“We fear that this hope will be lost, or crushed,” is our concern.
The capital of Iran, Tehran, has been the focus of much of the media coverage.
However, the Kurdish region in Iran has seen some of the most violent protests. This is an area Mina and Amini call home.
Tensions are particularly high in the region. Recent Sky News investigation found that Iran’s security forces are intensifying their crackdown on the Iranian Kurds.
Online videos that have been verified show police riding motorbikes through the streets and firing on civilians. In crowds, plains clothing officers are found among them. As seen in the video provided by Amnesty International, bullet cases and tear gas canisters can be found on floor.
One video shows security forces firing on a residential street with a fire behind them, and was filmed in a shaky manner from a Sanandaj window. As they shoot at homes and shops nearby, some of the men appear heavily armed.
Mina is concerned that some protesters have been crushed by the police’s brutal tactics.
“I believe these protests will continue, but perhaps not with the intensity that the first days or weeks had. This is partly because the crackdown on the protestors has intensified.
“But, I believe some people will continue despite it.”
Iranian Kurds protested Amini’s murder. Videos show huge crowds at her funeral in September 2017.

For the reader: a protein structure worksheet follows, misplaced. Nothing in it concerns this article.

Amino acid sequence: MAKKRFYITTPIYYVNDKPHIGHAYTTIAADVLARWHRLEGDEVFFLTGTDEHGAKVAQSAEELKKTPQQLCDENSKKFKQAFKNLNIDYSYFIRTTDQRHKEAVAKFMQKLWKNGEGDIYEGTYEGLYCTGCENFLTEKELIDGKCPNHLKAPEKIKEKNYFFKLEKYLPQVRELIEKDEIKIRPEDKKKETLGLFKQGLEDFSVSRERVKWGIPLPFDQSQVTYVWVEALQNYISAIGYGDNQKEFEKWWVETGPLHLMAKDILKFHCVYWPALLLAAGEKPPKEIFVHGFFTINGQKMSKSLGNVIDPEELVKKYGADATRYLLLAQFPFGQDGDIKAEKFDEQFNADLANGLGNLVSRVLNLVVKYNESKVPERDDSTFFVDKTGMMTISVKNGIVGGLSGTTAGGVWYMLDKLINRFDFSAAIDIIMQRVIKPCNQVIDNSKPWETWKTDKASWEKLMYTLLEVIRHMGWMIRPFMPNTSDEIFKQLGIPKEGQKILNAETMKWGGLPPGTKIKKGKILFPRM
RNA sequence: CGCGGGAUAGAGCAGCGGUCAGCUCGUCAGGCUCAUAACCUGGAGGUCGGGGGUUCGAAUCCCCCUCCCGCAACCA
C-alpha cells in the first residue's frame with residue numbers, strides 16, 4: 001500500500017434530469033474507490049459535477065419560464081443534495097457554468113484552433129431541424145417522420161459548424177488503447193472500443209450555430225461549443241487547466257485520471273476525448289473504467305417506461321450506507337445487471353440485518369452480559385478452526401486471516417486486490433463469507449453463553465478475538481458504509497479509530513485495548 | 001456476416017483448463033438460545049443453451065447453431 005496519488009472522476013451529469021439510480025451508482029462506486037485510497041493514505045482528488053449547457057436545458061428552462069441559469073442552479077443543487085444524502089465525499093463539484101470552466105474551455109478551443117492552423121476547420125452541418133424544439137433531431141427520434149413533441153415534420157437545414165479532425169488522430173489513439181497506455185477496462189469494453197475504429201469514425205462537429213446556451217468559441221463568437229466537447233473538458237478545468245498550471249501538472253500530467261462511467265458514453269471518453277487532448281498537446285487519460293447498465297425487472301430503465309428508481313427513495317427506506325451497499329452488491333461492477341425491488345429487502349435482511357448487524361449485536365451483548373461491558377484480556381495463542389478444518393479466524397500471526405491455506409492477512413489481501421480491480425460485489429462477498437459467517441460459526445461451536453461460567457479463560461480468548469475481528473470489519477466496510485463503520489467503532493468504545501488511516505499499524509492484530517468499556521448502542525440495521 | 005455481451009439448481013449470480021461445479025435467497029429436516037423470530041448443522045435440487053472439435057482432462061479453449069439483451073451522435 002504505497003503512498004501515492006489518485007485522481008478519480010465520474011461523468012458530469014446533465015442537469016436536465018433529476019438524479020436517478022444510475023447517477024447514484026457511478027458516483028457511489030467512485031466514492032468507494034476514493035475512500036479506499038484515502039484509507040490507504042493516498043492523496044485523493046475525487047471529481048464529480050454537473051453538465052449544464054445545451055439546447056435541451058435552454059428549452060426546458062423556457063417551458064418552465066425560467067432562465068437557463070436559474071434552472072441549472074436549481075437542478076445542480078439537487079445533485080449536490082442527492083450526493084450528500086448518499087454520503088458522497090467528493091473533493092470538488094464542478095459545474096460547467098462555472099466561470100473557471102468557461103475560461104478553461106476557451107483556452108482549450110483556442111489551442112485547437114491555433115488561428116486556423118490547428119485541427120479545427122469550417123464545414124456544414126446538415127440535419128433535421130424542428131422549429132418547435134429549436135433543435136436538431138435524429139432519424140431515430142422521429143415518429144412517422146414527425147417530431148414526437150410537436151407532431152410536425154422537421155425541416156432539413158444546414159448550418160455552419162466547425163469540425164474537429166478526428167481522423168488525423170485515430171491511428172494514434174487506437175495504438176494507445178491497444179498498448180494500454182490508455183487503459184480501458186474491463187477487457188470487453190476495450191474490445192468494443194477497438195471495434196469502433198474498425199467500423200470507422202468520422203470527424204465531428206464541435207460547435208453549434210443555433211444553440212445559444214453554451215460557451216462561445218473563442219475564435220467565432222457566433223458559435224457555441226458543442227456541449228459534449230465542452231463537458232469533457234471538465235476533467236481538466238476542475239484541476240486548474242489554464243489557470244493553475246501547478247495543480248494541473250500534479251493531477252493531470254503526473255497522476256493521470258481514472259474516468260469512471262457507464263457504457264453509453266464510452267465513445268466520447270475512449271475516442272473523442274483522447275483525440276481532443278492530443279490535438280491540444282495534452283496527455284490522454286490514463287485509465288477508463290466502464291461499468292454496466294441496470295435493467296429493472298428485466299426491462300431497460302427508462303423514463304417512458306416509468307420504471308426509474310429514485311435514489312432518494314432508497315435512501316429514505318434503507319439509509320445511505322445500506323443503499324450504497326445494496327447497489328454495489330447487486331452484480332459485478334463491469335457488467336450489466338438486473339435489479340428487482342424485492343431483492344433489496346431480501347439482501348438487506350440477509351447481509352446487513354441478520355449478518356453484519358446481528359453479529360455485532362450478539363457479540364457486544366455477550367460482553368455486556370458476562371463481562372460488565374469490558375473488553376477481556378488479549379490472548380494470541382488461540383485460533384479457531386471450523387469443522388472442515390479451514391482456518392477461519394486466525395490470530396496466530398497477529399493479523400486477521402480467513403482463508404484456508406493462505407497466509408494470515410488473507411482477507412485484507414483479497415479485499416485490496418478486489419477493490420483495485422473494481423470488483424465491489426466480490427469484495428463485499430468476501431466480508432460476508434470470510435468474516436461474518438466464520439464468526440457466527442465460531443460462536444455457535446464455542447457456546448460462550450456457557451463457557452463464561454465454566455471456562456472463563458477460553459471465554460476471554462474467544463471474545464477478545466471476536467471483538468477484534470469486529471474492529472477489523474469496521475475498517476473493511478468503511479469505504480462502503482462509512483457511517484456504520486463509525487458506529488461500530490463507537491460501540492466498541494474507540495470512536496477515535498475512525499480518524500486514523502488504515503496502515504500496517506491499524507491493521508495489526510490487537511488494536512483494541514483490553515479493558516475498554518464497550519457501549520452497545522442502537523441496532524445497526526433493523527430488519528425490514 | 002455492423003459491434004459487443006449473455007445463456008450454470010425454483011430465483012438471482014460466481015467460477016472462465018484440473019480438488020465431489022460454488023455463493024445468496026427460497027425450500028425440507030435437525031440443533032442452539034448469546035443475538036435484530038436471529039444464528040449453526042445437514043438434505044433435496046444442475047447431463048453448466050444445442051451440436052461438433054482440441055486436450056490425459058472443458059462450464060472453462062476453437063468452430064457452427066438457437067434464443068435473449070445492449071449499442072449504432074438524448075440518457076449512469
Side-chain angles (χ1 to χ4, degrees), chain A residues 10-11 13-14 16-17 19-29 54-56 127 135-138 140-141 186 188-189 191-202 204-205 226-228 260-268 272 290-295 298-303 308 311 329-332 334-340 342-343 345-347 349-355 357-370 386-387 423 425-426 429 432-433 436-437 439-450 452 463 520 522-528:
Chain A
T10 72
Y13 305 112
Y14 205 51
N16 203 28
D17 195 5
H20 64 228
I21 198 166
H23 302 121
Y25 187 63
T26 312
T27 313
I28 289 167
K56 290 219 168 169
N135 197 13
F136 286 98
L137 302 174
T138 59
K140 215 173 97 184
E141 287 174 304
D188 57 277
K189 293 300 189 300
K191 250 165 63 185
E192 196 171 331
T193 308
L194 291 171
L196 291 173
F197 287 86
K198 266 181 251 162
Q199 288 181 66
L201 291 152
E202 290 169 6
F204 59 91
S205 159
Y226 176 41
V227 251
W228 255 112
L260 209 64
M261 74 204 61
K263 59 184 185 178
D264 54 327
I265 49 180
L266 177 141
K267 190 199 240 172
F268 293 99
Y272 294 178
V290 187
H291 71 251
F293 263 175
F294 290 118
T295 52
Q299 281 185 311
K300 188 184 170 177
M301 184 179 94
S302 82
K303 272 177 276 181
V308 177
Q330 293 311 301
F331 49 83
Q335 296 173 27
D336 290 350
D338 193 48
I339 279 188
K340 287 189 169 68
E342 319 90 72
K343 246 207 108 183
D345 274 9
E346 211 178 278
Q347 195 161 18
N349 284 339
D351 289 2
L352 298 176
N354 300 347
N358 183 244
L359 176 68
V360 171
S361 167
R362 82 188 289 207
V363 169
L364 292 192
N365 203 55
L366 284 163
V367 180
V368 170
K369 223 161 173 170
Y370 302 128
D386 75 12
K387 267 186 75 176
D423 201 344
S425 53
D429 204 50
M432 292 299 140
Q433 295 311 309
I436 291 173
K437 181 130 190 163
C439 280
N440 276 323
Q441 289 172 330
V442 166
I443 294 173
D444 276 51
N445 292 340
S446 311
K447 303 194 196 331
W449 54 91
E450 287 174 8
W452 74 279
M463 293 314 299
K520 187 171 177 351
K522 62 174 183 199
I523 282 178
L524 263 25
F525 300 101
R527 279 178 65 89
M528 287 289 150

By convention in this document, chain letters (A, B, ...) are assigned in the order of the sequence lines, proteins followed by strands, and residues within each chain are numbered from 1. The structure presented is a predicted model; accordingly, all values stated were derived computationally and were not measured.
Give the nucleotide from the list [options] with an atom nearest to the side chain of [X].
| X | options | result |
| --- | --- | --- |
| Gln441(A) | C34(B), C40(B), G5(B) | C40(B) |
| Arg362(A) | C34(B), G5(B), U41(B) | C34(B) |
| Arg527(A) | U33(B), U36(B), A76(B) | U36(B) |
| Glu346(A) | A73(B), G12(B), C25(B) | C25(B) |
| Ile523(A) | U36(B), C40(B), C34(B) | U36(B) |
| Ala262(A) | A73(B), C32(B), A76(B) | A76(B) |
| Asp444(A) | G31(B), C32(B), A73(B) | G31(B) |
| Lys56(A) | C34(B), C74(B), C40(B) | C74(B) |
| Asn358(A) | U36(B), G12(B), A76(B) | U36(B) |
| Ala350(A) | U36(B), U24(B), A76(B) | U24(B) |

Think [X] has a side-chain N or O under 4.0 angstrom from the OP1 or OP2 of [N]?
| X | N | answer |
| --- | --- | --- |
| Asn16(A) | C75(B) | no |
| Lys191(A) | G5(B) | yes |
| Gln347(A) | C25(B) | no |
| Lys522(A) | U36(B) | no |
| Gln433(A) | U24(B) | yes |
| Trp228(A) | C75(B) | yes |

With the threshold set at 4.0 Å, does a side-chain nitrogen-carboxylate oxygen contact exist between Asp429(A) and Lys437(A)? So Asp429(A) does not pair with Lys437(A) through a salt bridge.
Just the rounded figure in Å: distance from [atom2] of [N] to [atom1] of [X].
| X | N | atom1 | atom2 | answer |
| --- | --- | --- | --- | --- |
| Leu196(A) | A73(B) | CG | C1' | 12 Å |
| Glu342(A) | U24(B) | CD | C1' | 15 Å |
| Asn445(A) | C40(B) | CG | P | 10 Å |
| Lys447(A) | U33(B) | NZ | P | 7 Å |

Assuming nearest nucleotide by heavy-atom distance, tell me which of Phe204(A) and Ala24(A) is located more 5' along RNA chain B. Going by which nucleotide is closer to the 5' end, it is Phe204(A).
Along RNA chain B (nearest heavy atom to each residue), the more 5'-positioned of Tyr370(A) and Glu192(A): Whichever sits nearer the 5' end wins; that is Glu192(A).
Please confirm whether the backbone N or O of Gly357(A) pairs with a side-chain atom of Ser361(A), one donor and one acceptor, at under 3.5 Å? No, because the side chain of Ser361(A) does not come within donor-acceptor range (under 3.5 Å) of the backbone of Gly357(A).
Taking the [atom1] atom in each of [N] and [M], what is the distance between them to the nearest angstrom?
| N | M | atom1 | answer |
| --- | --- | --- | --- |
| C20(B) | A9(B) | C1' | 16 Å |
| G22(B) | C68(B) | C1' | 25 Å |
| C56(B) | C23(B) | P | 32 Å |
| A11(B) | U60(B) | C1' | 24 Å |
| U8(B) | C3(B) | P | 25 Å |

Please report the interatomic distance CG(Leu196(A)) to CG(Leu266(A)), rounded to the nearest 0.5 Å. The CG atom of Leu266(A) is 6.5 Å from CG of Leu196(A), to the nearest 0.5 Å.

Mina recalls the concern she felt and the fear she shared with her family about the 22-year old victim. She was taken into custody by officials for wearing her hijab (head covering).
Mina refers to Amini as Jina throughout our interview. Amini is now known as Mahsa, her Iranian name.
She explains that although Jina died in protest, this is about institutional violence against all people living in this society.
She gives an example of the direct effect that restrictions on women’s rights have on a person’s family.
Mina was detained at the Vozara Street in 2009 by the Morality Police.
As they would later say to Amini 13 years later, Mina’s hijab wasn’t suitable. They claimed Mina’s husband and her family are responsible for her covering. Mina’s husband was responsible for Mina’s unfit hijab if it is again inappropriate.
She explained that the families are involved because they are summoned to. They call them names without honor, insult them. These things are said to their husbands, brothers, mothers, and fathers.
Protesters in Iran demand that Iran’s government take action on several economic, social, and environmental issues.
What can Mina expect from the protests that are now taking place, which have failed to reach its goals in the past?
She says, “The hope is that a fundamental shift will occur.”
Mina acknowledges that change may not occur immediately or ever. However, Mina believes that the fact that protests have continued despite the presence of militaristic police shows that the anger that was planted after Amini’s death has taken root and is now rooted in the Iranian people.
“I, along with many others, have concluded that although change may not be happening right away it will happen in the months and years ahead.
“So hopefulness can be greater than despair. We will keep going.”